Thermocoax, which has a higher proportion of sales to OEMs on medium-term contracts and was impacted by one-off costs associated with the ramp-up of our new manufacturing facility in Normandy (France), experienced a contraction in 2022 adjusted operating profit margin. Chromalox adjusted operating profit margin increased in 2022, with overhead reductions from the closure of the Soissons (France) facility having a positive effect in the fourth quarter. The full year impact of this plant closure will contribute to further margin progression in 2023.

Including the acquisitions of Vulcanic and Durex Industries on a twelve-month pro-forma basis, ETS adjusted operating profit margin would have exceeded 18.0%.

Watson-Marlow's 32.8% adjusted operating profit margin was down 390 bps against the exceptional margin of 2021 and 400 bps down on an organic basis. However, Watson-Marlow's adjusted operating profit margin in 2022 was still 100 bps higher than its 2019 pre-pandemic margin. The lower adjusted operating profit margin was driven by the full year impact of 2021 revenue investments, which had an impact of over 200 bps, as well as costs associated with the transition of BioPure to a new facility in Portsmouth (UK) and the ramp-up of our new facility in Devens, Massachusetts (USA), which together had an impact of over 150 bps.

Currency movements

The Group's Income Statement and Statement of Financial Position are exposed to movements in a wide range of different currencies. This stems from our direct sales business model, with a large number of local operating companies. These currency exposures and risks are managed through a rigorously applied Treasury Policy, typically using centrally managed and approved simple forward contracts to mitigate exposures to forecast future cash flows and avoiding the use of complex derivative transactions. The largest exposures are to the euro, US dollar, Chinese renminbi and Korean won. While currency effects can be significant, the structure of the Group provides some mitigation through our regional manufacturing presence, diverse spread of geographic locations and through the natural hedge of having a high proportion of our overhead costs in the local currencies of our operating companies.

Currency movements positively impacted adjusted operating profit by close to 4% with a translational benefit of GBP12.2 million and an additional transactional benefit of GBP0.8 million. The translation benefit reflects the impact of the weakening of sterling during 2022 against the currencies in which the Group generated its adjusted operating profit. The main transactional exposure flow affecting the Group is the export of products from our factories in the UK, invoiced in sterling, less the import of goods from overseas Group factories and third parties priced predominately in euros and US dollars. The net exposure to transactional currency movements is approximately GBP150 million.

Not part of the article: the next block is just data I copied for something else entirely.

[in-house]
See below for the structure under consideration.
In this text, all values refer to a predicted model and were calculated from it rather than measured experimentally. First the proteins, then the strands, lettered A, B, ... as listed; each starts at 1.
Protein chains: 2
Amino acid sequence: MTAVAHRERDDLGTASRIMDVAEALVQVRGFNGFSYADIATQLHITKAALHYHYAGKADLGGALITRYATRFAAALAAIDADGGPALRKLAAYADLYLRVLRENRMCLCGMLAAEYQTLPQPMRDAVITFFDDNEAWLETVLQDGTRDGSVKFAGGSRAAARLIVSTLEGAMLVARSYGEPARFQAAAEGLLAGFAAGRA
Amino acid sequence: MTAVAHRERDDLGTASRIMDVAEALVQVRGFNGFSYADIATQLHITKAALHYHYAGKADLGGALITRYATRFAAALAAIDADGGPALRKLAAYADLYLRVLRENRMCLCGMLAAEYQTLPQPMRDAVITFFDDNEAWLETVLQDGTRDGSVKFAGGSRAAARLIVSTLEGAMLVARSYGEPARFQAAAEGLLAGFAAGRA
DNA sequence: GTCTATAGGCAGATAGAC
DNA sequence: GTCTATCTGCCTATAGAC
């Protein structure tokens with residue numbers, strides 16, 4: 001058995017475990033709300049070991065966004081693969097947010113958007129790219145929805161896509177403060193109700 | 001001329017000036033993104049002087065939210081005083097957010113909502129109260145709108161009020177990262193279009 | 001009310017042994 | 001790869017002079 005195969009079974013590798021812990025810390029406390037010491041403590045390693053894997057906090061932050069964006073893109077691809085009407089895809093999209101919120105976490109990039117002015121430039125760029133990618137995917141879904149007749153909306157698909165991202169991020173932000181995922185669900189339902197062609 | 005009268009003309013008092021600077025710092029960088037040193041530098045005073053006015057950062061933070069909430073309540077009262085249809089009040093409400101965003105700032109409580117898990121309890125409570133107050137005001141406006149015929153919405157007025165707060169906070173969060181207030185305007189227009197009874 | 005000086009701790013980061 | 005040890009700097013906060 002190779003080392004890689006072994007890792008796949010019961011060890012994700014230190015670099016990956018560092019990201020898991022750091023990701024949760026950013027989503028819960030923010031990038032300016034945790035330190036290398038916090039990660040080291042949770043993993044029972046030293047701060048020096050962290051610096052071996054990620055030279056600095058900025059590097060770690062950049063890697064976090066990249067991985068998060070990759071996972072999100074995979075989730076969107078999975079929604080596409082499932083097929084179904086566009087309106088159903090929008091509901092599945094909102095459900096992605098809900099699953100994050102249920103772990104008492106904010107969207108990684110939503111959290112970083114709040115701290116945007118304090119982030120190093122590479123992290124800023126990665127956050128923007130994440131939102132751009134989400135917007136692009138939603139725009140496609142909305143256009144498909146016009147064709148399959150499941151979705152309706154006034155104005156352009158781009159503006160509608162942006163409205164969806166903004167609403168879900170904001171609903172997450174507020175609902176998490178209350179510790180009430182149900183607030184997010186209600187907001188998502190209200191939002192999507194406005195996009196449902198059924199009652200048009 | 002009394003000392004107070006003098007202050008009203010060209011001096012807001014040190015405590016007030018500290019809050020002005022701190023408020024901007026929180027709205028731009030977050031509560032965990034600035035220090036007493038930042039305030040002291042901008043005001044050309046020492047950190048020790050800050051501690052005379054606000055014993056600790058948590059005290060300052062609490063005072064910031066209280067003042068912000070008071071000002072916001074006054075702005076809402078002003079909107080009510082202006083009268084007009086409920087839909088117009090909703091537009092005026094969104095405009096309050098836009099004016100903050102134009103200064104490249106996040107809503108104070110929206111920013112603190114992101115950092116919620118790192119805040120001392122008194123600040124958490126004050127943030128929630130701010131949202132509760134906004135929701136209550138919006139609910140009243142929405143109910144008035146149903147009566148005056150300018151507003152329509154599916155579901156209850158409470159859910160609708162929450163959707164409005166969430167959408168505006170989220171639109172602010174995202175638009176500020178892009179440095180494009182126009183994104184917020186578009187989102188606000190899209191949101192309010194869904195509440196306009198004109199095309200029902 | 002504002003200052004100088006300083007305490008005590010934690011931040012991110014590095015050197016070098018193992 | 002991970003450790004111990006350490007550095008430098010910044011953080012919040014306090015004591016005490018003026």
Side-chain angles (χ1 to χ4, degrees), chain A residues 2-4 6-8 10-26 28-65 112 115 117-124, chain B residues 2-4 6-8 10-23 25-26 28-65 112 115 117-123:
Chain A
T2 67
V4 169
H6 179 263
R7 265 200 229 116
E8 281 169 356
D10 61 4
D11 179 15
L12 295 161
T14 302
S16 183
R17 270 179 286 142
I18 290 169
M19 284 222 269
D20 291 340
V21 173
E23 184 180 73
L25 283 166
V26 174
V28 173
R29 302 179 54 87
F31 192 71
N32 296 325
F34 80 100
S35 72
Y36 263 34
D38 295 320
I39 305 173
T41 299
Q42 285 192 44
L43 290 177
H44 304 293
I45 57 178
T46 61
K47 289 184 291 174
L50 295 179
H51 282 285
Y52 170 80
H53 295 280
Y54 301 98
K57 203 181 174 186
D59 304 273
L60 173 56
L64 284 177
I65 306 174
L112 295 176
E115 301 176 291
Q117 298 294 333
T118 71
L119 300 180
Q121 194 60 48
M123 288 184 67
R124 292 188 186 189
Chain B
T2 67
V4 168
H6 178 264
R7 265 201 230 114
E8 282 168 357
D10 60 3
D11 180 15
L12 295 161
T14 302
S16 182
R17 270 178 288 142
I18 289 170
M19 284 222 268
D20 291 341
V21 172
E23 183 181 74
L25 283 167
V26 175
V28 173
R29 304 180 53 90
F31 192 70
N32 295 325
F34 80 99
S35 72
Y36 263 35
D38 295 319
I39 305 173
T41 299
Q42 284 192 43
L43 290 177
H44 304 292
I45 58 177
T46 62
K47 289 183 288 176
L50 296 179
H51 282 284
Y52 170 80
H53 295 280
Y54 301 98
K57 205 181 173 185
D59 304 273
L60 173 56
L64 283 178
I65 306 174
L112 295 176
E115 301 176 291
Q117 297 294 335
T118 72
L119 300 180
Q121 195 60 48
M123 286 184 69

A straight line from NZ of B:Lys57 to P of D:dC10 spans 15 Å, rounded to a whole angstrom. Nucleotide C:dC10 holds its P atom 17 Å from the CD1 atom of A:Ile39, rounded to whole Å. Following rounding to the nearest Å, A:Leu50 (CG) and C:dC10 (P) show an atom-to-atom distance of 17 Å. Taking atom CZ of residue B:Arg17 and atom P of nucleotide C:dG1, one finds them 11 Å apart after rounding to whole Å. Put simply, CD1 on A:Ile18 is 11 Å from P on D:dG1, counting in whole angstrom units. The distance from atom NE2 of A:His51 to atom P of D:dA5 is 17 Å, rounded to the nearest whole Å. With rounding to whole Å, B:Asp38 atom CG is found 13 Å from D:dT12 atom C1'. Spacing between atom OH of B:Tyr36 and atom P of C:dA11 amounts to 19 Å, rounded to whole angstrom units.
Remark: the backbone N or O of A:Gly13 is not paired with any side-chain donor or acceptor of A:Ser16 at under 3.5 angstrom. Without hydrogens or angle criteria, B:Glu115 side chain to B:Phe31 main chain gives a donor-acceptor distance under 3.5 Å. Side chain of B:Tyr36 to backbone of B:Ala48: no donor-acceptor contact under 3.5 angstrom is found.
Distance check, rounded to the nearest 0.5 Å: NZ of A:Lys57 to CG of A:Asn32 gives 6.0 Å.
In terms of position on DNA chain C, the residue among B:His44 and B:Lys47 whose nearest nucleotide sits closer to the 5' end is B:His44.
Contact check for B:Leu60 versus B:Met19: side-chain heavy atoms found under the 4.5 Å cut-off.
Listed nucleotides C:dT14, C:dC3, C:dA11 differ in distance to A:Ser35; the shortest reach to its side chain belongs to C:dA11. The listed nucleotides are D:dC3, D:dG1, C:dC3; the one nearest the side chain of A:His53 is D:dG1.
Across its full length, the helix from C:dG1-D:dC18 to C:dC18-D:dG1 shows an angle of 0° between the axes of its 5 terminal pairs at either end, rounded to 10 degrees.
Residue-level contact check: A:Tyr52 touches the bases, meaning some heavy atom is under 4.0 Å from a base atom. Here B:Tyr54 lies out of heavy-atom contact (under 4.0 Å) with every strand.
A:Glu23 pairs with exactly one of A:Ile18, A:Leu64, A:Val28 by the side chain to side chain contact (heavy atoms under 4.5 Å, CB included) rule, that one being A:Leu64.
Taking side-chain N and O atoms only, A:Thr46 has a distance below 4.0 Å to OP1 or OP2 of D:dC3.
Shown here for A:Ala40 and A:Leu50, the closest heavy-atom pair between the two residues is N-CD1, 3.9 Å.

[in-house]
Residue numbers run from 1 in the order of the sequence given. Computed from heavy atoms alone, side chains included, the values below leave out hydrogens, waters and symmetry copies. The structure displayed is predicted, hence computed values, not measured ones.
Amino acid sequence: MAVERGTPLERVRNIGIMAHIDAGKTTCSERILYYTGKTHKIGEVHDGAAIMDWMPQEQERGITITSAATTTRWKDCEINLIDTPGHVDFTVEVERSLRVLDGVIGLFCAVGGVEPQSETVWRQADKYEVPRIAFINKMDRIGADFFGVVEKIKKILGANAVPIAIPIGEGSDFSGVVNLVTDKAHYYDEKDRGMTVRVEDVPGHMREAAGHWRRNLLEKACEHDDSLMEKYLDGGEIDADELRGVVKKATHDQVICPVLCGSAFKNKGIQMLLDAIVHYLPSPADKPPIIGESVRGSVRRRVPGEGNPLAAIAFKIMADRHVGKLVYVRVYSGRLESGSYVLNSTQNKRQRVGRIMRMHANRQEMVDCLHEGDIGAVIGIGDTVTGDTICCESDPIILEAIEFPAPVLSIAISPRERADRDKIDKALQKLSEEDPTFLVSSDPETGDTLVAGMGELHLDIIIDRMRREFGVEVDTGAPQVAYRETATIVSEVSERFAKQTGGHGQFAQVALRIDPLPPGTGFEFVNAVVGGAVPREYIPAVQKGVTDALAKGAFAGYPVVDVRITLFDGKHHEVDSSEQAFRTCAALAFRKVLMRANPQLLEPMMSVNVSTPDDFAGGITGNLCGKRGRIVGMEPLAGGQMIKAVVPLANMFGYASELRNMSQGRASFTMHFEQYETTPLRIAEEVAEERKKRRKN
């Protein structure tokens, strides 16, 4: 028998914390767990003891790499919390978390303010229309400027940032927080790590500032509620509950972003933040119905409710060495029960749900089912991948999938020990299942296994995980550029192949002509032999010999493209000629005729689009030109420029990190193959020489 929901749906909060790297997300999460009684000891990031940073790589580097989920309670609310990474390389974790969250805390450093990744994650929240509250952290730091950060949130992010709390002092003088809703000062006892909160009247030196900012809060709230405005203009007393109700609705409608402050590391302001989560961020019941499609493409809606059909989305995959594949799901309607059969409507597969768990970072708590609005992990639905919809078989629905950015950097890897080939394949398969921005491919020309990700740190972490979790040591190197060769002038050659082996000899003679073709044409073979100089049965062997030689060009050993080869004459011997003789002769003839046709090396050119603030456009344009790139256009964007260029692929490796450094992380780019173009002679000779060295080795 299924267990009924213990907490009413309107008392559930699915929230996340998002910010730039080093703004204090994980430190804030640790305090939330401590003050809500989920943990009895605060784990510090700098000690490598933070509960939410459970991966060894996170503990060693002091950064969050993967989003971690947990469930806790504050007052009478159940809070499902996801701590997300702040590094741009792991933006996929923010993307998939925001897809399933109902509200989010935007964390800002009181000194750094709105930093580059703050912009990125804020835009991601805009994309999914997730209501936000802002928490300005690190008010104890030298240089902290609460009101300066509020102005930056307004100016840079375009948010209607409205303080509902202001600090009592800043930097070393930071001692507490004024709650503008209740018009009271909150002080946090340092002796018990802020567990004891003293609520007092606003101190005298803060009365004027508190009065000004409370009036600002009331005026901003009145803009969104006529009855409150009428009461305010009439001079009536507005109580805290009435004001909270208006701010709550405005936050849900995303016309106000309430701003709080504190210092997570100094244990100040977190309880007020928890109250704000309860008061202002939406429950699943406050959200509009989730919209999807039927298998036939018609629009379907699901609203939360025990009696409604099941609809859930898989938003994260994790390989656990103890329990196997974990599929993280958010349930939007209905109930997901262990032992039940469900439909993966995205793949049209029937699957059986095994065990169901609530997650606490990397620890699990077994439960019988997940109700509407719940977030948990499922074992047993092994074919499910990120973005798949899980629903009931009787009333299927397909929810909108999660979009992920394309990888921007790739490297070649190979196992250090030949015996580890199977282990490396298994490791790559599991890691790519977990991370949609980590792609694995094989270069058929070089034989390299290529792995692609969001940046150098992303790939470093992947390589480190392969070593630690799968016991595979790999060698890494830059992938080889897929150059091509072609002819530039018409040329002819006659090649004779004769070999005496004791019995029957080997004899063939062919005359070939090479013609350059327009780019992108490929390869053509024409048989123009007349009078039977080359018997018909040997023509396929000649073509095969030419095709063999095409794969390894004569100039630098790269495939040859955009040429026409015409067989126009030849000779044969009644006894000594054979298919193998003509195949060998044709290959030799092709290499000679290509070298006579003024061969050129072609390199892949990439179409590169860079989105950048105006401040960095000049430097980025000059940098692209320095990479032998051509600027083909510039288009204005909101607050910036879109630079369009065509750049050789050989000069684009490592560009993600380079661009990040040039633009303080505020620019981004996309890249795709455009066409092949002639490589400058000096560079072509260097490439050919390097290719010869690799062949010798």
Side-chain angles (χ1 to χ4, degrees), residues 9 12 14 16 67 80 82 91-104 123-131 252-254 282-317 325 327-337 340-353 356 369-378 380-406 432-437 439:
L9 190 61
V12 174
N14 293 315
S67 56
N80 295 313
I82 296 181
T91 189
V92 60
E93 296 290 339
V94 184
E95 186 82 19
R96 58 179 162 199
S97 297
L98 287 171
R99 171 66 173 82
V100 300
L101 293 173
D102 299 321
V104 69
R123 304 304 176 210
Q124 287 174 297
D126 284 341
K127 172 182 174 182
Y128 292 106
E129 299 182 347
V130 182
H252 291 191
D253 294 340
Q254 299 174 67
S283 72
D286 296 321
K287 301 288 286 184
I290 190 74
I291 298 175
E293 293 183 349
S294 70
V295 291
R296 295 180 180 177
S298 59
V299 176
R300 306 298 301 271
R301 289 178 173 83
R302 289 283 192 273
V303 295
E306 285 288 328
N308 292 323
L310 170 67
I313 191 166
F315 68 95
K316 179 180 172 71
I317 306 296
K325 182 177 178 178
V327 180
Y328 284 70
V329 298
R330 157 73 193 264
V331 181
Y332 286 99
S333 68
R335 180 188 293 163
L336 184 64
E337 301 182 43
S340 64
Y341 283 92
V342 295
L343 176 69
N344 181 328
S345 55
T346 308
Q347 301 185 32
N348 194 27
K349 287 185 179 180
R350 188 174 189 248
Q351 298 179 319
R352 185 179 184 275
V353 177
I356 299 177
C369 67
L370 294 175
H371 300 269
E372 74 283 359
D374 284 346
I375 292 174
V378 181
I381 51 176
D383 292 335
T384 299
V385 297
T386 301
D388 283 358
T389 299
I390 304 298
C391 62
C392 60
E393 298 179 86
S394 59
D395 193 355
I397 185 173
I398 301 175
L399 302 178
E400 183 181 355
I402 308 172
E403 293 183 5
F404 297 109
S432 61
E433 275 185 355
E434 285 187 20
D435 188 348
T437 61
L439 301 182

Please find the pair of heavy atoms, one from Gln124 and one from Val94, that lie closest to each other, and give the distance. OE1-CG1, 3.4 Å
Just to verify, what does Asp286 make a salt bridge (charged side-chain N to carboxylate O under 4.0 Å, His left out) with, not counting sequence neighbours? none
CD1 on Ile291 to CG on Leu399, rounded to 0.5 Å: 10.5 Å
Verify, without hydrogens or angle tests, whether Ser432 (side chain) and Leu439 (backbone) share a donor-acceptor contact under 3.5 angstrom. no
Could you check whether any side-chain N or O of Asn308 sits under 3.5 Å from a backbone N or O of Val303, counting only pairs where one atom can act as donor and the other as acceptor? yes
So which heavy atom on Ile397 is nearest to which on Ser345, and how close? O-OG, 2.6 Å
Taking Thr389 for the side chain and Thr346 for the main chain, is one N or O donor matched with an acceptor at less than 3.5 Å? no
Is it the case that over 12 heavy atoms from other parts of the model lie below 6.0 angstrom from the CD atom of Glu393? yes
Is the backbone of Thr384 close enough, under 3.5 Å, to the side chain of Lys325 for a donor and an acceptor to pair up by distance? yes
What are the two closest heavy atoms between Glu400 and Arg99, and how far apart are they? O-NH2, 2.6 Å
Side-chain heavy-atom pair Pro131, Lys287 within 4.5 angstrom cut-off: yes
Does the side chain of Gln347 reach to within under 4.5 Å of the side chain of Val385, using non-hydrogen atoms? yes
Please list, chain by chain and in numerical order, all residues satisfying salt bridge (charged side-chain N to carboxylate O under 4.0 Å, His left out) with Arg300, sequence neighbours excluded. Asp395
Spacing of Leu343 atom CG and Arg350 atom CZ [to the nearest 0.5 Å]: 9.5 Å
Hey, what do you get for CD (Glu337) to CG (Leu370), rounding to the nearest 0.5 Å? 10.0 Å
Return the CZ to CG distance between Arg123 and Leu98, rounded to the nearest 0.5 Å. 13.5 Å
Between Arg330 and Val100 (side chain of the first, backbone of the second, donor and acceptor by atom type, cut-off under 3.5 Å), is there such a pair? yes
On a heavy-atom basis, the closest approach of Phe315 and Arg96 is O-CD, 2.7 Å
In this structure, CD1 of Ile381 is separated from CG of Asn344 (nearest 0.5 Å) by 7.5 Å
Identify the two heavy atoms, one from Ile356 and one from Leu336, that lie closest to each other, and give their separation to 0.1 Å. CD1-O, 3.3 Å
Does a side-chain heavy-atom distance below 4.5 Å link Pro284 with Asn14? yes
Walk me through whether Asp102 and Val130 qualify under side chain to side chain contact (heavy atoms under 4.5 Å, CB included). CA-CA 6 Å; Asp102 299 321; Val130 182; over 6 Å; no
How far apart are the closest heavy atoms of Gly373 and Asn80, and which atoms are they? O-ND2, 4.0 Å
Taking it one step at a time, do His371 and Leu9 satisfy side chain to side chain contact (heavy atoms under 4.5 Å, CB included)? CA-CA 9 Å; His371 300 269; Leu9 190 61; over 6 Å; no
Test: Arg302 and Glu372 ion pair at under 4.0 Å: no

Statutory operating profit and margin

Statutory operating profit was down 1% to GBP318.8 million (2021: GBP320.9 million) and the statutory operating profit margin of 19.8% was down 410 bps (2021: 23.9%). Statutory operating profit and statutory operating profit margin are impacted by the same drivers as explained in the adjusted operating profit sections above, as well as the reconciling items detailed below:

 
 --   A charge of GBP23.7 million (2021: GBP21.4 million) for the 
       amortisation of acquisition-related intangible assets 
 --   Accelerated depreciation and other associated one-off costs 
       of GBP4.2 million relating to the Group Head Office building 
       in Cheltenham (UK), which is being comprehensively re-developed 
 --   A restructuring charge of GBP15.5 million, primarily relating 
       to Chromalox's manufacturing operation in Soissons (France) 
 --   A loss on disposal of GBP7.1 million relating to the Group's 
       Russian operating companies, including associated disposal 
       costs 
 --   A charge of GBP9.1 million for costs related to the acquisitions 
       of Cotopaxi, Vulcanic and Durex Industries 
 --   A charge of GBP1.8 million from the reversal of fair value 
       adjustments to inventory on the acquisition of Vulcanic 
 

Net financing expense

During the fourth quarter of 2022, the Group raised new euro and US dollar denominated debt, which in aggregate amounted to GBP509 million. The weighted average interest rate on these new debt facilities is 4.8%. As a result, net bank interest increased to GBP8.4 million (2021: GBP4.0 million).

Net costs under IAS 19 in respect of Group defined benefit pension schemes decreased to GBP0.8 million (2021: GBP1.3 million) and lease interest charges for the year increased to GBP1.5 million (2021: GBP1.1 million).

As a result, adjusted net financing expenses increased to GBP9.6 million (2021: GBP6.4 million) and on a statutory basis net financing expenses increased to GBP10.7 million (2021: GBP6.4 million), with the difference being the costs of arranging the acquisition debt financing.

Net financing expenses are expected to increase in 2023 as a result of the full-year effect of the acquisition-related debt.